Exploring the Eclipse of Equality

Archive for the ‘Reviews’ Category

Eclipse Passes Through The Page 99 Test

In Guest Blogger, Media and Politics, Reviews on May 2, 2013 at 9:55 am


Today’s post will be a bit different. I was contacted by the author of the official blog of the Campaign for the American Reader, who asked me to put The Eclipse of Equality through the Page 99 test. The idea is that if you take a random page from the book from a section that is not overworked and through through, you can judge the quality of the whole for yourself. I had a lot of fun playing this game, and I think the test basically works. You can read for yourself over at Marshal Zeringue’s blog.


Living the Cascade: Why Johan Galtung remains the indispensable man

In Intellectual History, Reviews on May 12, 2010 at 10:22 am

I was having a chat with one of ICAR’s most thoughtful master’s students, Jay Filipi, yesterday in which he asked me about the soul of the field of Conflict Resolution. Jay’s question touched on what most of us likely ask ourselves all the time who have joined this strange enterprise that goes by the name of Conflict Resolution, Conflict Transformation and Peace Studies. He wondered what it was that made CR any different for me from my home discipline Sociology. Couldn’t one think of it as a kind of sub-field of (fill in your own home discipline here)?

My answer is that yes one could think of it in that way, but I don’t think that this is the right answer. Instead, I think that we get a sense of how to think of the field from Andrea Bartoli’s Lynch lecture given this Monday. Andrea, who is self consciously and brilliantly attempting to invite us to invent some coherent collective purpose for our field, focused on the second side of the escalation curve, the one that in most models goes down from the peak of escalation, but in his model climbs up from the well of despair. What we do that others do not is to investigate why conflicts fall into the well and why they climb back out.  This is why ICAR is called the Institute of Conflict Analysis and Resolution. The Analysis part is the climb up the hill or the fall down the well. The Resolution part is the climb back down the hill or the ascension from the well. Andrea knows what this thing is that is emerging and he cares little if we call it resolution, transformation or peace so long as we do it (well he is sticking to resolution, but has “a rose by any other name” attitude toward it). If you want to know Read the rest of this entry »

A and B, but not enough C: Galtung on the state of American Conflict Resolution

In Reviews on April 26, 2010 at 3:42 pm

Well you missed another session of bracing conversation with Johan Galtung last night–that is unless you were among the roughly twenty people who turned out to fifth and K to see the great peace scholar do his thing at Busboys and Poets. The evening was well worth the effort to turn out. Not only is the space really a pleasant venue for an intellectual evening, but Professor Galtung’s lecture provided just what one would come to expect from one of the twentieth century’s great radical social scientists.  Perched in the corner of the room like some cross between Nick Cave of the Bad Seeds and Spaulding Gray on his way to Cambodia, he offered his evaluation of the War on Terror and the so-called American Empire. If you are American or Israeli, you almost have to root against him, because his views are so pessimistic, but love him or hate him, he offers a take on world affairs all his own.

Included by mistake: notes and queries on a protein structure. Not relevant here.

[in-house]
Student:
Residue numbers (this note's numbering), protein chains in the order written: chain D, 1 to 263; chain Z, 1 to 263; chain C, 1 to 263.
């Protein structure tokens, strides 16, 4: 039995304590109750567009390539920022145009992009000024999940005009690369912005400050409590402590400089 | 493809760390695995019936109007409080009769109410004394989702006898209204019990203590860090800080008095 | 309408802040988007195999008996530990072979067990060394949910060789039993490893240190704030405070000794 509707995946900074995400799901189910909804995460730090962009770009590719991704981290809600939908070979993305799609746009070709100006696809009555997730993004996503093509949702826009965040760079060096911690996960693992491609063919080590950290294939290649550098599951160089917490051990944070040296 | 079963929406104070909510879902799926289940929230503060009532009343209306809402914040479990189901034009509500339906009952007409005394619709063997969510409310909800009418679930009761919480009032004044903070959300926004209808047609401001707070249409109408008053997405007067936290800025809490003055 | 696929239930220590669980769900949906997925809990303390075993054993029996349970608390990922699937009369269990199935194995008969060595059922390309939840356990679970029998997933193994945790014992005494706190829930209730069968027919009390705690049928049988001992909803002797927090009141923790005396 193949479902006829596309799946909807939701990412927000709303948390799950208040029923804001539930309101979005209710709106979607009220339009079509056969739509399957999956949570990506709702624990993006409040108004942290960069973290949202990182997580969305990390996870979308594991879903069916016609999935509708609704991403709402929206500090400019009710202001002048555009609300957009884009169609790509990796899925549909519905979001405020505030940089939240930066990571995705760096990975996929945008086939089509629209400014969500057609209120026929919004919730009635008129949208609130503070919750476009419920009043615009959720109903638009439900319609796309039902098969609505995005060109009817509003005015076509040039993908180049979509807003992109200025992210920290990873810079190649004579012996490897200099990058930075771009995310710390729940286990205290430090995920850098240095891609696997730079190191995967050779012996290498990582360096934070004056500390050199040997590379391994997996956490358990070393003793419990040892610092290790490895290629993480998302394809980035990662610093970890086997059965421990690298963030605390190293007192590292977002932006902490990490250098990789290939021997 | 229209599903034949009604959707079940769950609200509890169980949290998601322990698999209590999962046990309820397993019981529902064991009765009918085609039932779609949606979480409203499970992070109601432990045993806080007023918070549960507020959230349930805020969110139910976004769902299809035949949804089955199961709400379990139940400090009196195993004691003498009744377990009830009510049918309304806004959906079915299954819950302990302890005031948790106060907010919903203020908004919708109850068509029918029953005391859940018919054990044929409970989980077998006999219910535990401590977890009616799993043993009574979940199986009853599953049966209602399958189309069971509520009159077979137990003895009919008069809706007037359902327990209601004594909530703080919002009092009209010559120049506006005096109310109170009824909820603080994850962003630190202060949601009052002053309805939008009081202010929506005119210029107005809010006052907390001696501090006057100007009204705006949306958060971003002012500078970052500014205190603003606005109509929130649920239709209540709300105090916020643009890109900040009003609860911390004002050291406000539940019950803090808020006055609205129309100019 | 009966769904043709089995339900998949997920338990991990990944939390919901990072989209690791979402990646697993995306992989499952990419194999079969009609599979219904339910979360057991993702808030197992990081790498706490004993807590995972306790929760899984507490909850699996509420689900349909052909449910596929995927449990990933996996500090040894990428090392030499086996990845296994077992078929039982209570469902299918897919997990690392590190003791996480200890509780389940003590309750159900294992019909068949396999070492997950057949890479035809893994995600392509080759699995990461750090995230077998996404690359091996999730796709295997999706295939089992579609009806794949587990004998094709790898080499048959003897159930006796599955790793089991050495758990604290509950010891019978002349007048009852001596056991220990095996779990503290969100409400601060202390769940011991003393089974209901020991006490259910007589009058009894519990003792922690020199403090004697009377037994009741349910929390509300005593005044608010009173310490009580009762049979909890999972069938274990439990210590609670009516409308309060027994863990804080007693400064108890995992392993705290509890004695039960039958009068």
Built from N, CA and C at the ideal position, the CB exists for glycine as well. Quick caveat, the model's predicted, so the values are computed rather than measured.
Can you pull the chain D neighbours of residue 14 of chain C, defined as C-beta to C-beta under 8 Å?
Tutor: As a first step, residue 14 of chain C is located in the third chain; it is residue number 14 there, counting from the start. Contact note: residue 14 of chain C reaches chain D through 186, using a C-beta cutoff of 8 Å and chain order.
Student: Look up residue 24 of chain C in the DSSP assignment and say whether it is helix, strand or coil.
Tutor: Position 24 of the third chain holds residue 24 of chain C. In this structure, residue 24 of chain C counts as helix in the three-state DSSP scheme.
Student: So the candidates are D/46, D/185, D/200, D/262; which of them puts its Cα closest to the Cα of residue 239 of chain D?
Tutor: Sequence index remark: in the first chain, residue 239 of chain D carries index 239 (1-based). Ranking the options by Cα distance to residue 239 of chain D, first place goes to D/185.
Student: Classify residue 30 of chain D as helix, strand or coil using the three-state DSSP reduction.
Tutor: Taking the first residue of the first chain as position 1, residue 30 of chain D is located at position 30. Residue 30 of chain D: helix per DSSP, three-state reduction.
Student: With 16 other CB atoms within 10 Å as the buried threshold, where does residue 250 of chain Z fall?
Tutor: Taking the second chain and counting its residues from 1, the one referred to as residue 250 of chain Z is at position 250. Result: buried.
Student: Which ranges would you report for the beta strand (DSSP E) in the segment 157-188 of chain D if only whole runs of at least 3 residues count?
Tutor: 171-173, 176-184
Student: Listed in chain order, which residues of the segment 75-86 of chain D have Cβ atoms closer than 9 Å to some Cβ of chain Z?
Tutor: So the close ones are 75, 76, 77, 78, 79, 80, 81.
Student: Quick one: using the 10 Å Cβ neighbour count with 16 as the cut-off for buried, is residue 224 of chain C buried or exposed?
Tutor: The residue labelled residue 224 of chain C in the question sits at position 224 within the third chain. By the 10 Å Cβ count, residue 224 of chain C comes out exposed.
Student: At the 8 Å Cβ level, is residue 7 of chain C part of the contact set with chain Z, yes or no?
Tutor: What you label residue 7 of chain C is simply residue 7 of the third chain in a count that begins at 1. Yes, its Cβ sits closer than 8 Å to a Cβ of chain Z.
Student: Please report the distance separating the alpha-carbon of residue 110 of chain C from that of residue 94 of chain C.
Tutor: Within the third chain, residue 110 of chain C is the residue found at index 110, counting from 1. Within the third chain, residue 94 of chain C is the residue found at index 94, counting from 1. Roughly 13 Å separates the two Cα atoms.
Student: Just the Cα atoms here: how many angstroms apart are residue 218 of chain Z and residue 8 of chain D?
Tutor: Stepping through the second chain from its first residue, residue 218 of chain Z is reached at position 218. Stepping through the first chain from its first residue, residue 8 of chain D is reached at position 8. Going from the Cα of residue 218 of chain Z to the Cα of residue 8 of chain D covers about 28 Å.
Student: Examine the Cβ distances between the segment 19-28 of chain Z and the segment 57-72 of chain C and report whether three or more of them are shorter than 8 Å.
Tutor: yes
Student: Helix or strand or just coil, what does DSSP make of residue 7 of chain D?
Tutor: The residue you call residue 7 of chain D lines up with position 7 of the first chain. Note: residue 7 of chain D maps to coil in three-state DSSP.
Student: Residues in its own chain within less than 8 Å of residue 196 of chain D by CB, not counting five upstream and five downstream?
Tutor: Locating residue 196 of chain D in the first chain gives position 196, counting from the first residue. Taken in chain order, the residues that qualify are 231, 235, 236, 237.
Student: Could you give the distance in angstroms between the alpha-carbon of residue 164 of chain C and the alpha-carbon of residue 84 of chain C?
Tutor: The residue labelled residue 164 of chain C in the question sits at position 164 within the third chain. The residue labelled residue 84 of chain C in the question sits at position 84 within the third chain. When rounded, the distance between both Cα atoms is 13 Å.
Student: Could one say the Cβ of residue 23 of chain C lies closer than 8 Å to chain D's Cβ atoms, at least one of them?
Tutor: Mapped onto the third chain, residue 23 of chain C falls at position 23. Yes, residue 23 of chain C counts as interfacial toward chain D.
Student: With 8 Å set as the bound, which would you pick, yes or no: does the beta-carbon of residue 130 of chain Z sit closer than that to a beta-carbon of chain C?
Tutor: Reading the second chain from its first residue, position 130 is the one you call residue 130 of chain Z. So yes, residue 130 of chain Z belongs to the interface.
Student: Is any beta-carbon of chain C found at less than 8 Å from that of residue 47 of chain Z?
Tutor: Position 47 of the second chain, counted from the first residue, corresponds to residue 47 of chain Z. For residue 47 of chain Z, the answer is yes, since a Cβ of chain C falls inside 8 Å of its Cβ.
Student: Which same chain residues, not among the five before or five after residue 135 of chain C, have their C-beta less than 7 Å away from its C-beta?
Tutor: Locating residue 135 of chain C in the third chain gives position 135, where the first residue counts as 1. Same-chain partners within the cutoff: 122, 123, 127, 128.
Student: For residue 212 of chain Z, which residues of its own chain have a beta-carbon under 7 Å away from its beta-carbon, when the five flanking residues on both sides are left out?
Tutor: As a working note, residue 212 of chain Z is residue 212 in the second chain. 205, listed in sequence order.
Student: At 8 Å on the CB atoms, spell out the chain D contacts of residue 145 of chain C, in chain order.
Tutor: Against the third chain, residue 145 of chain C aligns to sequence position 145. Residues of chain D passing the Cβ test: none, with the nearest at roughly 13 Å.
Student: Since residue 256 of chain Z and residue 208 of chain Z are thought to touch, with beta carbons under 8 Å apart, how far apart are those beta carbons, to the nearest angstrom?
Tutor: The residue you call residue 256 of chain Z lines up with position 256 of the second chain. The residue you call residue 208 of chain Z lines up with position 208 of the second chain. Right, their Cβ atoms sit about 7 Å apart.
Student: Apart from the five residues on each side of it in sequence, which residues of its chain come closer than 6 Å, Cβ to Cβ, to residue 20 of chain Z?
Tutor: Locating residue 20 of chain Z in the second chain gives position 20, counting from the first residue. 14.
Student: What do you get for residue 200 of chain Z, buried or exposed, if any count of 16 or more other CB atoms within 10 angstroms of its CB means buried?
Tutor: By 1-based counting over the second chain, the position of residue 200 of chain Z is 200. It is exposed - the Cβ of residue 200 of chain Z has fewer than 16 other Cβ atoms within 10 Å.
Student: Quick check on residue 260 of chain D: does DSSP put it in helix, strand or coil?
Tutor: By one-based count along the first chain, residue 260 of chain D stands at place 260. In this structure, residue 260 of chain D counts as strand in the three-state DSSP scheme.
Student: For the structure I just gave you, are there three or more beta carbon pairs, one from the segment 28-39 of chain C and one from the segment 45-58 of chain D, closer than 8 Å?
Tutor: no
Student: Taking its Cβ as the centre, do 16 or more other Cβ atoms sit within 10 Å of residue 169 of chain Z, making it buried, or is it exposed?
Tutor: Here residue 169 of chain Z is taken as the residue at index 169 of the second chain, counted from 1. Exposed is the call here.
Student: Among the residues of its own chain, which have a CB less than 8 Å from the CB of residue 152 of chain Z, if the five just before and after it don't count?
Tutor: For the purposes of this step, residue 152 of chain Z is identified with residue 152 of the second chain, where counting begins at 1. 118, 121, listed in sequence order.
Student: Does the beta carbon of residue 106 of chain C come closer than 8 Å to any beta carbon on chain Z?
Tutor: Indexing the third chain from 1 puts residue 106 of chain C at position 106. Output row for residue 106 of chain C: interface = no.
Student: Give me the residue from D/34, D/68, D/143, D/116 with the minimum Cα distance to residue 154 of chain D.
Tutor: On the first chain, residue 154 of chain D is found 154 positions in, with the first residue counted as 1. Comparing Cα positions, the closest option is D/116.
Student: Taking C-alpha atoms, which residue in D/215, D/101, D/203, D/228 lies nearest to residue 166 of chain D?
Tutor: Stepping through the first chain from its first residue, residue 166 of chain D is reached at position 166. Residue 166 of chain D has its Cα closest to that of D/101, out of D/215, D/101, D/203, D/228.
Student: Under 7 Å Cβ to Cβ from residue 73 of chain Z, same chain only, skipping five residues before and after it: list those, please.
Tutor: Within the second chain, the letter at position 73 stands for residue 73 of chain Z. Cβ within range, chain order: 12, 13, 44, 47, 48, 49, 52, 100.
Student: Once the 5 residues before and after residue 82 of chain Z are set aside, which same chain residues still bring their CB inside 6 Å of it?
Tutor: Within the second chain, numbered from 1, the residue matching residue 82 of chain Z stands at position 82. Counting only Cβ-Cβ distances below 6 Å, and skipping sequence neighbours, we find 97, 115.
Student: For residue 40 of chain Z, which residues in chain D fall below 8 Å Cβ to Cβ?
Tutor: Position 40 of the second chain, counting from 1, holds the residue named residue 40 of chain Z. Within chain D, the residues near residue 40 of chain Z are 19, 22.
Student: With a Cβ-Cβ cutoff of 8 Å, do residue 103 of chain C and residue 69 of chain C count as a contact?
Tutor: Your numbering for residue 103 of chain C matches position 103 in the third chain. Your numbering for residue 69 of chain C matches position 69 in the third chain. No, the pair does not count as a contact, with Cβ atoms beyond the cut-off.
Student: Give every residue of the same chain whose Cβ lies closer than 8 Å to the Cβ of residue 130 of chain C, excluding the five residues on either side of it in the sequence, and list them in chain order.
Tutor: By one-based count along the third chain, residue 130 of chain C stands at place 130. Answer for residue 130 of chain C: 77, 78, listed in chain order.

If I could highlight one special moment of the evening (apart from the fact that my four year old daughter listened dutifully to the entirety of the lecture without disruption), I would point to Galtung’s evaluation of the Conflict Resolution field in the United States. After sharing an anecdote about Prime Minister Zapatero of Spain and how he handled the terrorist attack there with an accommodating civilizational posture, he suggested that Spain had the leading intellectual peace community in the world. He imagined that this might surprise the audience, and in his avuncular way averred that we are doing alright here in the U.S., but are unable to produce good scholarship due to our Anglo-American fascination Read the rest of this entry »

The Red and the Green: Whatever happened to the Civilian Conservation Corps?

In Domestic Politics, Reviews on April 3, 2010 at 10:11 am

The country needs and, unless I mistake its temper, the country demands bold, persistent experimentation. It is common sense to take a method and try it: If it fails, admit it frankly and try another. But above all, try something.

FDR’s Oglethorpe Address

You have probably heard the saying that America has no ideologies, it is one. I always attribute the saying to the historian Richard Hofstadter, but like all great lines, it can roam and be attached to whoever first said it to you–if you take that person to be relatively clever. A corollary of the idea is that America, being an ideology, tolerates no others. This is why Socialism found shallow roots here and the seeds of Communism fell on rocky soil. While some of the most interesting social science has been written about the failure of class politics to take hold in the United States (Seymour Martin Lipset’s oeuvre comes to mind), the history of the American political mainstream is far more pragmatic.

Part of that pragmatism that revealed the bold, persistent experimentation that was the only ideology that Franklin Roosevelt seemed to have, was the New Deal program the Civilian Conservation Corps. If you don’t know what that is, I suggest that you take a trip over to American Experience to watch a really inspirational hour long program on the CCC. The program began Read the rest of this entry »